Michael Alexander speaks to the director of Dundee University Operatic Society Neil Lavin – and finds him to be in fine voice!
By day, 4th year Duncan of Jordanstone College of Art digital interaction design student Neil Lavin develops mobile phone apps and websites as part of his course.
By night, the Edinburgh-raised 23-year-old can be found treading the boards as director of Dundee University Amateur Operatic Society, commonly known as Dundee Uni Op Soc.
He joined Op Soc when he arrived in Dundee four years ago and has been involved in a few shows on and off stage since – performing, doing technical stuff and directing.
But one of the unique things about Op Soc, he says, is that they operate an open chorus policy which means anybody who wants to be involved in the show can be – even if they can’t sing.
“The majority of members have done theatre when they have been at school and things like that,” he says.
“There’s a few people who come to Uni and want to try something new so join.
“But I would say the vast majority are people who have done shows. We’ve got a few in the theatre who specifically chose Dundee because they knew we had a decent theatre society.
“We do auditions for our principal parts and specialist dancers and things. But the chorus is open to anyone.”
Neil explains that he first got involved doing “technical stuff” backstage.
The first show he directed was Heathers the Musical in 2016.
Recently he came back to direct Nine to Five which has been enjoying a four night run at Dundee’s Bonar Hall and ends on March 10.
“I’ve been involved in shows since I was 10 years old,” he says.
“I did community theatre and things like that then moved more to the technical/directing aspects of it.”
Through Op Soc, Neil has also started his own Fringe company – Room 29 Theatre.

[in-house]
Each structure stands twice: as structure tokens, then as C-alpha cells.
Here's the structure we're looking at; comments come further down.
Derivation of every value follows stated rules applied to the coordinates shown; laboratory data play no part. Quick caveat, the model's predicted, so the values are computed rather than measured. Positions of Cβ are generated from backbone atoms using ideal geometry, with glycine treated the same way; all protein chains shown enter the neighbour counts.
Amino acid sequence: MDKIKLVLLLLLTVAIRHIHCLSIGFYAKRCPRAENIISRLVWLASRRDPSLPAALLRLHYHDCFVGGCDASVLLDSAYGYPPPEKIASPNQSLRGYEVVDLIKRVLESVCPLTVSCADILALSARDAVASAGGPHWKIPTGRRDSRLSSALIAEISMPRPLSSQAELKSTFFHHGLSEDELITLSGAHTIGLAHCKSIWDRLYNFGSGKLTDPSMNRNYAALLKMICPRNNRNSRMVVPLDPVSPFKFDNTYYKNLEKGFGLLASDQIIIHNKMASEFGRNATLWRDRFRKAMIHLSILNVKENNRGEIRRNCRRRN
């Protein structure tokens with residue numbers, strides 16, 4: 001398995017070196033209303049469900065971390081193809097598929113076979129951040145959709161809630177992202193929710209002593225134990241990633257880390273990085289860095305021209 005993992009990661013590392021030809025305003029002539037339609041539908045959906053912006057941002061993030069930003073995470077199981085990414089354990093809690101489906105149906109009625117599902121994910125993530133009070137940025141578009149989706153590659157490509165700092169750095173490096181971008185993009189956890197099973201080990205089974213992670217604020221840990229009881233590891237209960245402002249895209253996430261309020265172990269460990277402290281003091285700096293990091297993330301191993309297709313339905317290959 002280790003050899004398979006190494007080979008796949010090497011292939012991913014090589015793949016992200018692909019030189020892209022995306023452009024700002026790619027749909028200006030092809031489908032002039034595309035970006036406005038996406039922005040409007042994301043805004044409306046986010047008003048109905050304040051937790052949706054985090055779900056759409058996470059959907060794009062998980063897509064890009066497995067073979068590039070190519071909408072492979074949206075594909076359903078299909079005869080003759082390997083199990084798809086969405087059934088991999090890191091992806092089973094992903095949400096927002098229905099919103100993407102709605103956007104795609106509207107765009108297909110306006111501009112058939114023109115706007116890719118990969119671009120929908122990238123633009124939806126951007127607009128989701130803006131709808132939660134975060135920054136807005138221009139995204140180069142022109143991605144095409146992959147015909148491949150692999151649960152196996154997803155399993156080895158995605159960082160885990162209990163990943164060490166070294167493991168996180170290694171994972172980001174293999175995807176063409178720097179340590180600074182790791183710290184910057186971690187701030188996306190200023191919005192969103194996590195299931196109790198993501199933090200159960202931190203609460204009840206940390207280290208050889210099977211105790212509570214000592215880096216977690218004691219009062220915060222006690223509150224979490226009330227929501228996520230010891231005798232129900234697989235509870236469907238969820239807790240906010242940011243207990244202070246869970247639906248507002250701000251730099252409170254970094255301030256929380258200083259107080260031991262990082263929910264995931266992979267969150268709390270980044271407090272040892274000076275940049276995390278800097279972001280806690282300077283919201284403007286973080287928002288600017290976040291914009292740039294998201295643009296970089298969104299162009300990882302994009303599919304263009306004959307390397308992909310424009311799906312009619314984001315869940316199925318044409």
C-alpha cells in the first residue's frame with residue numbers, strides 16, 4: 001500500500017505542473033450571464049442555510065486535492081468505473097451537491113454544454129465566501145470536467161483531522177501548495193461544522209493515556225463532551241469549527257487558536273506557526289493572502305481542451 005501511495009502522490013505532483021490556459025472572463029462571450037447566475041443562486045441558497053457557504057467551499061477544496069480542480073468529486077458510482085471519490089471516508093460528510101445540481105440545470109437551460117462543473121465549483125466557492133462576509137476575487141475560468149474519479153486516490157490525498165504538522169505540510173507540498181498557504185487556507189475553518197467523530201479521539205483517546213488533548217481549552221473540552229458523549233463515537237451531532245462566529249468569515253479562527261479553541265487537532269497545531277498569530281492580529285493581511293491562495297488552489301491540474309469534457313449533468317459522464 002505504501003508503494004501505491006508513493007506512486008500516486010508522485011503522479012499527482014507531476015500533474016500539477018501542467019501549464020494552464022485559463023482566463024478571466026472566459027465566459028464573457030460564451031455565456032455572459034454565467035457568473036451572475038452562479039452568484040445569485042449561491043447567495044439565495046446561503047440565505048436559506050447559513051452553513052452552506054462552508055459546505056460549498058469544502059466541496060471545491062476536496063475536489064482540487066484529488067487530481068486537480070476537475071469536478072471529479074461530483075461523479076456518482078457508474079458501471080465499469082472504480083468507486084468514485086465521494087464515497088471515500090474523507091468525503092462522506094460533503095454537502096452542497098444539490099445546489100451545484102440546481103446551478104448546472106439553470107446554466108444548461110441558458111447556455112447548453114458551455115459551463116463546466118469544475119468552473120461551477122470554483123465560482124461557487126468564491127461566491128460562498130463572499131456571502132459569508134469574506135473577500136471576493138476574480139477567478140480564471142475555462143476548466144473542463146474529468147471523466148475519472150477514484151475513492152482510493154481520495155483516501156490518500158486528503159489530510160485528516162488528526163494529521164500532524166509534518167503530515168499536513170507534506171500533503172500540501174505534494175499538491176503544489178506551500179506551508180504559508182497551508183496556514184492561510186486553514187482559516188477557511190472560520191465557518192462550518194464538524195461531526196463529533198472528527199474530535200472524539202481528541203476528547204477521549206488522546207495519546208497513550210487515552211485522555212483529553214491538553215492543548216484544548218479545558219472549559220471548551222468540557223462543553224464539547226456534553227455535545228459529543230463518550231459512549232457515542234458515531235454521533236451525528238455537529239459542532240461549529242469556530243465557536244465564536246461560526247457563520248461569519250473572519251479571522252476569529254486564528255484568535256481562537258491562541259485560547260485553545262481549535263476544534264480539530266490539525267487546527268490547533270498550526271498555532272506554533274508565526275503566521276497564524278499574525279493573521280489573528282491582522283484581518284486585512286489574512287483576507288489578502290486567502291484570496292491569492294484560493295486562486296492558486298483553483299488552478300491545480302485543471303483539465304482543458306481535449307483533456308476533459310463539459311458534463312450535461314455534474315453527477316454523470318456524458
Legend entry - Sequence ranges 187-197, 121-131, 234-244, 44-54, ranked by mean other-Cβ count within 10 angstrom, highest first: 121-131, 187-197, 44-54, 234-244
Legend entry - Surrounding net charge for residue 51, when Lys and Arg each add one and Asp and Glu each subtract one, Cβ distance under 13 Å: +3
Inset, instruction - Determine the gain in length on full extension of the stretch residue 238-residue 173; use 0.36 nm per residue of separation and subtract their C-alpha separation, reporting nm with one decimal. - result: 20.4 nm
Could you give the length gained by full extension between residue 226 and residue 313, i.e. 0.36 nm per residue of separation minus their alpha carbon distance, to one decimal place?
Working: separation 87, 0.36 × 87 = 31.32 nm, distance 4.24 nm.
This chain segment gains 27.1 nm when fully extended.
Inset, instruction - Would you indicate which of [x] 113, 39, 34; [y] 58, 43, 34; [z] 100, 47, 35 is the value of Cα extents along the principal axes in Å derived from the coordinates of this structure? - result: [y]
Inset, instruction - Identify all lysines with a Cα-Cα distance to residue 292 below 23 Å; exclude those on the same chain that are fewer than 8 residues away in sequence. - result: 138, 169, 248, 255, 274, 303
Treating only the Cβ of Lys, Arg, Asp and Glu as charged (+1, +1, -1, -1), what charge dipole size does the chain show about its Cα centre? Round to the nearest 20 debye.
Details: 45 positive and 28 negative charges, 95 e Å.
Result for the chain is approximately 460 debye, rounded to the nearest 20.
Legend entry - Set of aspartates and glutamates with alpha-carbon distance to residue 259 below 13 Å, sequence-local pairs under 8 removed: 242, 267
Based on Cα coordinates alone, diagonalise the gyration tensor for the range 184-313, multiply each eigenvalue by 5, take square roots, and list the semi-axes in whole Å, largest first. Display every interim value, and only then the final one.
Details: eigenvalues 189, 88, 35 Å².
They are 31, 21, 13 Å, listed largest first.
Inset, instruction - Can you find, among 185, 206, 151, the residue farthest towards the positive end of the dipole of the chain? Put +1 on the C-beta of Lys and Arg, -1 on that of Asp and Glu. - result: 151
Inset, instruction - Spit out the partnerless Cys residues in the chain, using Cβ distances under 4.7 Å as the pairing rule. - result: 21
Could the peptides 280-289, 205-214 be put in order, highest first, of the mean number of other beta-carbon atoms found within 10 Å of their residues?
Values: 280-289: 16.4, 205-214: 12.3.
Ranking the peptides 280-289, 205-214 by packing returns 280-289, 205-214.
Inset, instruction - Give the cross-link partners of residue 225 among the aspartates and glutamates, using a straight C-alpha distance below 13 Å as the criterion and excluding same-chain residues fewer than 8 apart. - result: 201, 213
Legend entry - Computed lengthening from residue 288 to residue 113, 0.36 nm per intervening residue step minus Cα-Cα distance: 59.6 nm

He works with Dundee University alumni James Leggat.
“Our first show at The Fringe was last year,” he says.
“It went really well. It sold out and got some good reviews.
“We managed to win an award as well. We won the Broadway World UK Award for favourite musical or opera.” This summer they will be back at the Fringe with Dog Fight.
He explains: “It’s about this group of Marines who are spending their last night in San Francisco before they get sent off to a growing conflict in Asia.
“It later transpires it’s the Vietnam War. It’s a legitimate tradition – it’s an awful thing – where they throw these parties and they all put money into a kitty. And the Marine who brings the ugliest date wins the money!”
Neil enjoys being on stage. But he prefers being behind the scenes.
“For me theatre is all about telling stories and communicating stories to the audience, and I think while I enjoy being part of that I much prefer having more control over the story and things,” he says.
“I think it’s more creative for myself anyway sort of navigating the story of what we’re presenting.”
Neil thinks it’s “hugely important” for there to be a vibrant arts scene and he is concerned about the arts being seen as a “soft touch” when it comes to cuts.
The “big decision” he’s got to make soon is whether to pursue a career in web design or attempt to make theatre his full time living.